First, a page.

This is what we witnessed in case of operations like Rah-e-Rast in Swat (2009) and Rah-e-Nijat in South Waziristan (2009). Recently, we heard that military personnel have been attacked in Swat and a curfew has been imposed in many districts there. And even after so many years, the Mehsud tribe of Swat have been unable to return to their homes. So, in my opinion, don’t pin your hopes on the initial success of the operation; it does not matter much.
Irrespective of how successful this operation is, the major concern right now is to see how long the Taliban will be kept disbanded, how much time this operation will take, how many of them will be physically eliminated, whether their leaders will be taken out or not and, last but not least, for how long the IDPs will be required to remain in camps. These are very pressing questions that need to be answered.
As far as the survival of the Taliban is concerned, that is inevitable.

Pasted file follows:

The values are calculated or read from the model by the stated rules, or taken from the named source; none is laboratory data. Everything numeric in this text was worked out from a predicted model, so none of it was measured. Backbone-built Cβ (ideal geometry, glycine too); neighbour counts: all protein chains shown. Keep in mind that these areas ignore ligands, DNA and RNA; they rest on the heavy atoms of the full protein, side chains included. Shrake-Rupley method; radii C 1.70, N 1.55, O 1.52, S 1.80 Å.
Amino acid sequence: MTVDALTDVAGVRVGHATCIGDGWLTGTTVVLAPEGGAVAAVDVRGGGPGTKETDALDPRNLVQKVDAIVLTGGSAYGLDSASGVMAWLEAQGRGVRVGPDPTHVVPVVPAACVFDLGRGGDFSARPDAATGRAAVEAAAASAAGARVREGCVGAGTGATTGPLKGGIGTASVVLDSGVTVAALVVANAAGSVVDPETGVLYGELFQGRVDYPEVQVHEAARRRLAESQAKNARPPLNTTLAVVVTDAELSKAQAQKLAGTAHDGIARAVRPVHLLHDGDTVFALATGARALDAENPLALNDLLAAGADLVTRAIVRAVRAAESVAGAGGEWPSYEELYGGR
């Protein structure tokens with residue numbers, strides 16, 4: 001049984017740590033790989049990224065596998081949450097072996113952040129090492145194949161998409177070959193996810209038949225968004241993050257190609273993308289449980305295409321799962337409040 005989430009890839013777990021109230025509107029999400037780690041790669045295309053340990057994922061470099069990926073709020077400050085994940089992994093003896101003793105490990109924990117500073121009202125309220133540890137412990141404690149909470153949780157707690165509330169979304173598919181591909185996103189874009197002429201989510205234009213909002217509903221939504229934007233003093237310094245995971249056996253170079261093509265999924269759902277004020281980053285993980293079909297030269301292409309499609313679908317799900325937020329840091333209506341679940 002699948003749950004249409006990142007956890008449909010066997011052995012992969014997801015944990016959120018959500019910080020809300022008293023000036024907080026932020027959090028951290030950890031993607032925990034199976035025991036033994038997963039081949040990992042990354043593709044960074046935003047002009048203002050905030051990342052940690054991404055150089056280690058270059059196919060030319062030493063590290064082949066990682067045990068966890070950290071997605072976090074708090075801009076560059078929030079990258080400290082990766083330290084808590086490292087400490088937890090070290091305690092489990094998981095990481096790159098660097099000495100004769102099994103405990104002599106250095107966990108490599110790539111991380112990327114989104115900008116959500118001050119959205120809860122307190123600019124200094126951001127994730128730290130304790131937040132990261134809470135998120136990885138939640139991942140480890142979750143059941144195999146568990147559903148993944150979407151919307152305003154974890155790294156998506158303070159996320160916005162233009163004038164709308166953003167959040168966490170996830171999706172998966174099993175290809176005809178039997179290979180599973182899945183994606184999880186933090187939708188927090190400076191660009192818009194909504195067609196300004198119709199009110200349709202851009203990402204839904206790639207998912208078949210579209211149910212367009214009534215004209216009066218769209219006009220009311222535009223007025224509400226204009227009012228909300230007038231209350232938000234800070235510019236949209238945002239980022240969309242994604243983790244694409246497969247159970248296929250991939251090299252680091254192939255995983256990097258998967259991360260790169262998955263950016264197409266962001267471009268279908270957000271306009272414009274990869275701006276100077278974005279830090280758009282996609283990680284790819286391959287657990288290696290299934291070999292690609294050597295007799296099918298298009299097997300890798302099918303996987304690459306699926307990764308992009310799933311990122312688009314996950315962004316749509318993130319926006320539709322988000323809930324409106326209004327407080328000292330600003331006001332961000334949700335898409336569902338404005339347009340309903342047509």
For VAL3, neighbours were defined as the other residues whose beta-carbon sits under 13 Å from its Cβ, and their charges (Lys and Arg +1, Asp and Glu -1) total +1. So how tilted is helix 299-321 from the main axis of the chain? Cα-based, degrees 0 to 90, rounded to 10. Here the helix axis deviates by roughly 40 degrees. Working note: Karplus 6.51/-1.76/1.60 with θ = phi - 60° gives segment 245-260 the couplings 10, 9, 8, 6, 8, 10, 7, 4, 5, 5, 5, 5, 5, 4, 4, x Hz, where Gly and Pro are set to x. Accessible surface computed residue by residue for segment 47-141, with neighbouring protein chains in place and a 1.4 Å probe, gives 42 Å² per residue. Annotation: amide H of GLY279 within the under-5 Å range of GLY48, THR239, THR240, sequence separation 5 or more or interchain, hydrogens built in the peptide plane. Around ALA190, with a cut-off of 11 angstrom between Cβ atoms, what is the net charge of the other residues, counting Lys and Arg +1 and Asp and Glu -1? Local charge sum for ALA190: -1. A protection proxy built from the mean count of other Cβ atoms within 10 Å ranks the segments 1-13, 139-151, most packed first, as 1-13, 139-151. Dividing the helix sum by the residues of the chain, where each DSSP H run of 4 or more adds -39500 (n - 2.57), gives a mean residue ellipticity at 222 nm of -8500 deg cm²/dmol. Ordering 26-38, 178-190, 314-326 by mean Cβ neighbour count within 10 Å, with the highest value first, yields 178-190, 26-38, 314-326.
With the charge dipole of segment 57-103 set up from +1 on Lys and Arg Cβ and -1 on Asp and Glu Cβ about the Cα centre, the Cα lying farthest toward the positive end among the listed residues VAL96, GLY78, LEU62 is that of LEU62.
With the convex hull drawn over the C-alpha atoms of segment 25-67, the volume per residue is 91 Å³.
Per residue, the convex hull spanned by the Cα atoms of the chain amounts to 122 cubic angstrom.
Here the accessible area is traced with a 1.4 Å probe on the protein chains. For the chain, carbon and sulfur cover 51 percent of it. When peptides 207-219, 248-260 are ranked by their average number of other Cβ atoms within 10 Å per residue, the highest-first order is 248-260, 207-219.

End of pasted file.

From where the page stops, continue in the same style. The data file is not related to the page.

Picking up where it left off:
They will survive, don’t doubt that. The army is only targeting one agency, while they are very much at large in other agencies and the remaining parts of mainland Pakistan. Their leader Mullah Fazlullah and other senior commanders are allegedly living somewhere in Afghanistan, which means the current operation cannot completely root out terrorists from Pakistan, as we are asked to believe.
The army, however, is cognisant of the different aspects of the Taliban’s survival strategies. In fact one of the main reasons for the delay, in the North Waziristan operation, was because the army believed that the Taliban could cross the Durand Line into Afghanistan; there, it was believed, they would be taken by other intelligence agencies and used against Pakistan. Pakistan is trying to deal with the Taliban within its territorial boundary.